It is not uncommon for new construction to come with a home warranty from the builder. A common misconception with these warranties is that anything that goes wrong with the house will be covered by such a warranty. Unfortunately, that is not typically the case. Most warranties offered on new construction will cover only specific items, such as: foundations, flooring, siding/shingles/clapboard, insulation, roofing, doors and windows and shutters (visit specialists for more information), plumbing, electrical, heating and cooling, and septic. These warranties may lead to a false sense of security for potential buyers. Not only are these warranties limited in duration, they often do not cover defects relating to appliances, shrinkage or expansion of the house and related cracking, insect damage, and damage caused by inadequate ventilation. Have a look at the roofing contractor directory to get access to the best roofing services should you need to replace or repair your house roof.
According to MA case law, (Albrecht v. Clifford), there is an implied warranty of habitability in every Purchase and Sale agreement between a builder/seller and a buyer. This is a warranty that cannot be waived. Click here to learn more. The Supreme Judicial Court stated: “To establish a breach of the implied warranty of habitability a plaintiff will have to demonstrate that:
(1) the new house was purchased [by plaintiff] from the defendant-builder-vendor [seller];
(2) the house contained a latent or non-obvious defect;
(3) the defect became apparent only after the purchase;
(4) the defect was caused by the builder’s improper design, material, or workmanship; and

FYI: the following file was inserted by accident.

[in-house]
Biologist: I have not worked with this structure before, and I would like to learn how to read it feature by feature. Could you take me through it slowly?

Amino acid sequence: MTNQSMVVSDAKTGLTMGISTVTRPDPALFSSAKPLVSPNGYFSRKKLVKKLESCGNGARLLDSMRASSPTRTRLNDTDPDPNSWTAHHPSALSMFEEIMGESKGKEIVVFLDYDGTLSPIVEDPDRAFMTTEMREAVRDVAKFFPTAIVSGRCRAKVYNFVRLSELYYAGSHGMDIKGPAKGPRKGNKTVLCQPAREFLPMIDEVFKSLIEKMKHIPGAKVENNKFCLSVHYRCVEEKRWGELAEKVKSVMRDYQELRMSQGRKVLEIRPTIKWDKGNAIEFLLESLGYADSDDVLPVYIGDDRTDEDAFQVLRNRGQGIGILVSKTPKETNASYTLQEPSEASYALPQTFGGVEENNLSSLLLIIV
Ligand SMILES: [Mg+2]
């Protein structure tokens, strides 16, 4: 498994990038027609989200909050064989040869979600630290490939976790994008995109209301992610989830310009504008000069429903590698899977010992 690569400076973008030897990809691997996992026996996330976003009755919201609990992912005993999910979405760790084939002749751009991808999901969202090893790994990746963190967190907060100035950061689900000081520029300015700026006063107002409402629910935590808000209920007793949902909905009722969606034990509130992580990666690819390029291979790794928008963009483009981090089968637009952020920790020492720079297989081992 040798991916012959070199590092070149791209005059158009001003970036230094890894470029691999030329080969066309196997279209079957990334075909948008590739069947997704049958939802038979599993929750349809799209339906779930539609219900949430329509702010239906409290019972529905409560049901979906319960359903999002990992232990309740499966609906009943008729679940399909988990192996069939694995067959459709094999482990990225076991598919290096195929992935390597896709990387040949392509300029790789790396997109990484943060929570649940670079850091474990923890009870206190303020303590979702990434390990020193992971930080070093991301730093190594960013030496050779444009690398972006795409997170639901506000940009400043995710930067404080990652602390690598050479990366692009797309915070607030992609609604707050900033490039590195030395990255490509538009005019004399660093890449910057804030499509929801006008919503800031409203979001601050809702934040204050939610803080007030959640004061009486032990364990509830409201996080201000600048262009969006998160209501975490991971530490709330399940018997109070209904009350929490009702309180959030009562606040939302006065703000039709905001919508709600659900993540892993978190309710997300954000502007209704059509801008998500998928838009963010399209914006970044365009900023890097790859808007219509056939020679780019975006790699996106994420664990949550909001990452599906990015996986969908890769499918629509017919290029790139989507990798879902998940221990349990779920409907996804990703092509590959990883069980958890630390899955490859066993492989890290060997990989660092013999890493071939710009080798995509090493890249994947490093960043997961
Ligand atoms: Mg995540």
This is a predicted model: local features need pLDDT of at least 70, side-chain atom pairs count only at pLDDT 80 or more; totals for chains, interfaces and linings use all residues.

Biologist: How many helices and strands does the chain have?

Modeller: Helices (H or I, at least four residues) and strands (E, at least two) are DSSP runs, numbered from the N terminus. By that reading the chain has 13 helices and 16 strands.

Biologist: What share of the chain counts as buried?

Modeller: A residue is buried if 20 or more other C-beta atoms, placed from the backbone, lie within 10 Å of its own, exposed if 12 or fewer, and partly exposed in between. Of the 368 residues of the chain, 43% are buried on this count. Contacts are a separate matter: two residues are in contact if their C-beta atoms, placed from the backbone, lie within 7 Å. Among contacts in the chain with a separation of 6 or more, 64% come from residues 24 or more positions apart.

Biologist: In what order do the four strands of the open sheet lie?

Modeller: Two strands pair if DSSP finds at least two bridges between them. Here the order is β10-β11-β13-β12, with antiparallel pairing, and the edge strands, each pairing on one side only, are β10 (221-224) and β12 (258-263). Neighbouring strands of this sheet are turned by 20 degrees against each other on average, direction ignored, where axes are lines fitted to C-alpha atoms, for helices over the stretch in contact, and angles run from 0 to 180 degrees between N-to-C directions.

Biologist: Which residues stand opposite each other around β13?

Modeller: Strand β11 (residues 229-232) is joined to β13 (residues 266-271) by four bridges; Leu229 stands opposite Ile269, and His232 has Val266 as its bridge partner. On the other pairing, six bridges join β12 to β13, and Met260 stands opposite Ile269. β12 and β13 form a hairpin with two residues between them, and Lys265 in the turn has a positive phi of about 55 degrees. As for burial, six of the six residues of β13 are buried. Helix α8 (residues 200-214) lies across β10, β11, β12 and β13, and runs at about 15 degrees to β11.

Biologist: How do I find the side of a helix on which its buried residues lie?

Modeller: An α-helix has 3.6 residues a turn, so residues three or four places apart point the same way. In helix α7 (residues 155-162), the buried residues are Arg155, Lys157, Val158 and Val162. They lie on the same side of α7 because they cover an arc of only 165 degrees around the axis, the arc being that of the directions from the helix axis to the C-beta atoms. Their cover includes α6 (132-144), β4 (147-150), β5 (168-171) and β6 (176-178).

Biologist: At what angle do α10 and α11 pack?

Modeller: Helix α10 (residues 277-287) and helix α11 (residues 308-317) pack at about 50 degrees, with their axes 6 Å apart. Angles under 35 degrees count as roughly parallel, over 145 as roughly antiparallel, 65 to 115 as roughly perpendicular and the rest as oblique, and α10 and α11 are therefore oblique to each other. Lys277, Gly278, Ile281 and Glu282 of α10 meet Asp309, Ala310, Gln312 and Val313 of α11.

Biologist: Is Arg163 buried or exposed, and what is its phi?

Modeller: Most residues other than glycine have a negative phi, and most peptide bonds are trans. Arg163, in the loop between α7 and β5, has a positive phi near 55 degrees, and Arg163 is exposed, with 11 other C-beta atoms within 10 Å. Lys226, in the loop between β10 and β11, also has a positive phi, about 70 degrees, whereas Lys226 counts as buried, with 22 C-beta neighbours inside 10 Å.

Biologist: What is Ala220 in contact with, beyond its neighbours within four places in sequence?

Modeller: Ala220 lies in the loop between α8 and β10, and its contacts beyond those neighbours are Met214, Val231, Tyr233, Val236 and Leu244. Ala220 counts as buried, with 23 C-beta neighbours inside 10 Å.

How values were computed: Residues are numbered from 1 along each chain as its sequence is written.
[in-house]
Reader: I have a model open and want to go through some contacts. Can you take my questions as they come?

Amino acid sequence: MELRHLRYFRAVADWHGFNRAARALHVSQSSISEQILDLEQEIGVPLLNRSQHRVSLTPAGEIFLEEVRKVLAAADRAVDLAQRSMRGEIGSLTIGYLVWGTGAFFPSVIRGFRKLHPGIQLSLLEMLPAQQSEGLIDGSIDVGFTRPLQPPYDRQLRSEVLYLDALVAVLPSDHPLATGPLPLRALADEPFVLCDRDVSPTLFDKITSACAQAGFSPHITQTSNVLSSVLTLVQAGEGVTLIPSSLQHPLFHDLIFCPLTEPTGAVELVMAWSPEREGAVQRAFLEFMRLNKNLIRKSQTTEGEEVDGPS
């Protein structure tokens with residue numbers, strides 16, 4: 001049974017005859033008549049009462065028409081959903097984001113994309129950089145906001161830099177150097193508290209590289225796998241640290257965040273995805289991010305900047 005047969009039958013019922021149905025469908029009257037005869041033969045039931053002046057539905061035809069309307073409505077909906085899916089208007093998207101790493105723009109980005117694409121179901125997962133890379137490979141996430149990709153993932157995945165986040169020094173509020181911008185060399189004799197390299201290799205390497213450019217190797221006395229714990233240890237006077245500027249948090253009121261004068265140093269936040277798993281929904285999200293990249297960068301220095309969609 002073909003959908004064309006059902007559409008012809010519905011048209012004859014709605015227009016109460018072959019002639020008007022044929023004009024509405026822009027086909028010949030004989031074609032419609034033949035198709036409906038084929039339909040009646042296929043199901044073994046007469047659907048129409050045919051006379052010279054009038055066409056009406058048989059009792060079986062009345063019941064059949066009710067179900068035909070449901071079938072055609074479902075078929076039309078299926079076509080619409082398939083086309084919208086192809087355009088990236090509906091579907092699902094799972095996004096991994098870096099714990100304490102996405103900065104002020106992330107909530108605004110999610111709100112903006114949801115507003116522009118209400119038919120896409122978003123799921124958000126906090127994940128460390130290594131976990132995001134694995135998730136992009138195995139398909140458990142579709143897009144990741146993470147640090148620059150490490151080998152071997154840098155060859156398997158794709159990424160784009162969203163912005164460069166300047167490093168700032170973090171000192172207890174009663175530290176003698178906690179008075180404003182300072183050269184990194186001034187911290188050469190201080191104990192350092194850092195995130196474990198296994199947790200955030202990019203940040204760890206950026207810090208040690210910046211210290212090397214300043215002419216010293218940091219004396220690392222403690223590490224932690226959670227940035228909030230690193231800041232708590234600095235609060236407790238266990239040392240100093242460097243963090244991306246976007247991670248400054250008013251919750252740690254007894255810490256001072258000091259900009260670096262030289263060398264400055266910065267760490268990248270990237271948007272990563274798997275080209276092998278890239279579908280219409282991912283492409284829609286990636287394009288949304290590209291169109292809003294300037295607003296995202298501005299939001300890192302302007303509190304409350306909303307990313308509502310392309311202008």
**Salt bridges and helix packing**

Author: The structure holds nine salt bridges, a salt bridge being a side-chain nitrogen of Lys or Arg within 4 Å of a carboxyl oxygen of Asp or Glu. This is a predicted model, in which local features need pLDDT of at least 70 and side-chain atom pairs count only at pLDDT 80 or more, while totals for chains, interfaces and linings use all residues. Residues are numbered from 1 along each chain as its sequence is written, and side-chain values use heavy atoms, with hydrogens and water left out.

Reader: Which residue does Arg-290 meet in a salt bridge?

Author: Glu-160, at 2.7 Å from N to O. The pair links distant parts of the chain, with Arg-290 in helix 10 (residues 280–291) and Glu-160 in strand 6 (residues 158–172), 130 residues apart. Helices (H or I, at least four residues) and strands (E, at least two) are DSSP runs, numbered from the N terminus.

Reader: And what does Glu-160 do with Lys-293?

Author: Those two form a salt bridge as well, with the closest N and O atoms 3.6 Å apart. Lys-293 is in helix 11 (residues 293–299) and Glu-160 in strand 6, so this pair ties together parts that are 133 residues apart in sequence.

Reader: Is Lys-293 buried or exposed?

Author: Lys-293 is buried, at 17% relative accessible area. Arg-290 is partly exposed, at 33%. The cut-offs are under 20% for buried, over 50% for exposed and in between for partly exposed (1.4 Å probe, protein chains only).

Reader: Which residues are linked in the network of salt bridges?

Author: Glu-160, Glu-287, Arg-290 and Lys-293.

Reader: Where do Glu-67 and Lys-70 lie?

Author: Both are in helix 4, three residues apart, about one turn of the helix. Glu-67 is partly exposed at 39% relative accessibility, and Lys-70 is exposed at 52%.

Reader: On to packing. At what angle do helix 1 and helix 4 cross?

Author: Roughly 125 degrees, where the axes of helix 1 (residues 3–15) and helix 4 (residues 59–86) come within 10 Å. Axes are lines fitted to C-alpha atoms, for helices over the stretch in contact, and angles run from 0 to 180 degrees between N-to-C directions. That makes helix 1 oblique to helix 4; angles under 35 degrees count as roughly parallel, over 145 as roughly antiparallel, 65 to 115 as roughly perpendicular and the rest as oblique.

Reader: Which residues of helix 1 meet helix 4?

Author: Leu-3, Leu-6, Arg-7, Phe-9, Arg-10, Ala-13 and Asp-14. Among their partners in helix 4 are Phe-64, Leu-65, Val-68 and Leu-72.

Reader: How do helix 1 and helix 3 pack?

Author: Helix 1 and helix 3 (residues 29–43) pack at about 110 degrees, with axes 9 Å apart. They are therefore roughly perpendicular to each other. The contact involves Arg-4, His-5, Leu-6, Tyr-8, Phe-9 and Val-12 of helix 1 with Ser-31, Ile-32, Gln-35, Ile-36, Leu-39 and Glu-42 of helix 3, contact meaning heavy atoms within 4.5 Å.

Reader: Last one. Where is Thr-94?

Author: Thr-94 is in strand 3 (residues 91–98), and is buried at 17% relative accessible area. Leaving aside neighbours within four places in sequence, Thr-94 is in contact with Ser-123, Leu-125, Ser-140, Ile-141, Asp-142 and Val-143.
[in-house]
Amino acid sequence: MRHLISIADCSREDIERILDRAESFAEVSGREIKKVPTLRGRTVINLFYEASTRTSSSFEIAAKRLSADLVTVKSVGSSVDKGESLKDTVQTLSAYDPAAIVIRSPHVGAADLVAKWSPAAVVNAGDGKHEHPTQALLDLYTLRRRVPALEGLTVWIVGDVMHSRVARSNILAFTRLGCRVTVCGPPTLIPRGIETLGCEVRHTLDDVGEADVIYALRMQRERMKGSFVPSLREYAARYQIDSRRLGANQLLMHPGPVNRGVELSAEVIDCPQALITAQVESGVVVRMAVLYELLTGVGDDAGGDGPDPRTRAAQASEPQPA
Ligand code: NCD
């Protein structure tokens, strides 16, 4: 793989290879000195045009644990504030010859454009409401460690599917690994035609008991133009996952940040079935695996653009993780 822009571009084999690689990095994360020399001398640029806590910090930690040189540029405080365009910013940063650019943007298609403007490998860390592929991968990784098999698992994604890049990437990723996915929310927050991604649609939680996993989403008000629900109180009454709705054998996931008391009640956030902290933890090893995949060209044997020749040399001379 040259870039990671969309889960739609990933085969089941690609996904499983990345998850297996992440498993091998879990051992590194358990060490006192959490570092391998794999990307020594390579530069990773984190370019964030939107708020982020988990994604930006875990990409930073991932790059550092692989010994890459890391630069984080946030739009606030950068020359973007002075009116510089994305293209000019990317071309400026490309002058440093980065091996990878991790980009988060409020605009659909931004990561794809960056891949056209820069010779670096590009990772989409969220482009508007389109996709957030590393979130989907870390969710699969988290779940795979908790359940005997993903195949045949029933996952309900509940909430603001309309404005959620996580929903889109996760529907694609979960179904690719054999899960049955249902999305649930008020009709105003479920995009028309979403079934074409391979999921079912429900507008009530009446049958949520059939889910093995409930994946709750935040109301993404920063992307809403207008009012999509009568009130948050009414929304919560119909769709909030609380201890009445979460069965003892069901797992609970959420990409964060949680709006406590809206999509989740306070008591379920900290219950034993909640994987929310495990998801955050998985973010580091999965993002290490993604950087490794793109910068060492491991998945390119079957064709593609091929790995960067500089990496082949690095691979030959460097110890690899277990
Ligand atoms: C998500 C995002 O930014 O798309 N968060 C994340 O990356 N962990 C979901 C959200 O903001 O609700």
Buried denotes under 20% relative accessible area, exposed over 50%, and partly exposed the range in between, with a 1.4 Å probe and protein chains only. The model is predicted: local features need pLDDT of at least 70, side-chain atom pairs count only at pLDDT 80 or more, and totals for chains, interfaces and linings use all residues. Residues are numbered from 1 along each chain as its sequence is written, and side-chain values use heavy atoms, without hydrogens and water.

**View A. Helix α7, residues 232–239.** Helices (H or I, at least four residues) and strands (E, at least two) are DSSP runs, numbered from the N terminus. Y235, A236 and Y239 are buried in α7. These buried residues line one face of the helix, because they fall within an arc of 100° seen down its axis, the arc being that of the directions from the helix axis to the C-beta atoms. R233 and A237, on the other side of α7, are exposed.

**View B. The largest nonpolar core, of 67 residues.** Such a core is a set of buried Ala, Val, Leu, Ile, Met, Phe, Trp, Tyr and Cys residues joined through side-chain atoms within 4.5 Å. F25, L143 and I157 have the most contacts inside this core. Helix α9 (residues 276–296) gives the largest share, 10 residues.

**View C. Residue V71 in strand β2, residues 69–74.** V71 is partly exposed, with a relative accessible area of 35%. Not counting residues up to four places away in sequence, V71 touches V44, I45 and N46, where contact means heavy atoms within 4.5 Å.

(5) the defect created a substantial question of safety or made the house unfit for human habitation. In addition, the claim must be brought within the three-year statute of limitations and the six-year statute of repose [i.e., within six years after completion of an improvement to property].”
While the law in Massachusetts provides additional recourse to buyers for potential defects in new construction, a buyer of new construction should always carefully review warranty paperwork with their real estate attorney prior to agreeing to any terms. This can be a significant negotiation, as the builder will seek to limit his or her liability and the buyer would be seeking to expand the builder’s liability.
Additionally, the Albrecht decision reinforces the view that a buyer’s primary complaint should be against the builder. However, to reduce risk to you as a Realtor®, you should always encourage your buyers to obtain inspections from appropriate professionals, including home inspectors, structural engineers, architects, etc., irrespective of the age of the house.
The information provided above by the Massachusetts Association of REALTORS® Legal Department is intended for informational purposes and does not constitute legal advice, nor does it establish an attorney-client relationship. The Massachusetts Association of REALTORS®, by providing this service, assumes no actual or implied responsibility for any improper use of responses to questions through this service. The Massachusetts Association of REALTORS® will not be legally responsible for any potential misrepresentations or errors made by providing this service. For more information regarding these topics authorized callers should contact the MAR legal hotline at 800-370-5342 or e-mail at email@example.com.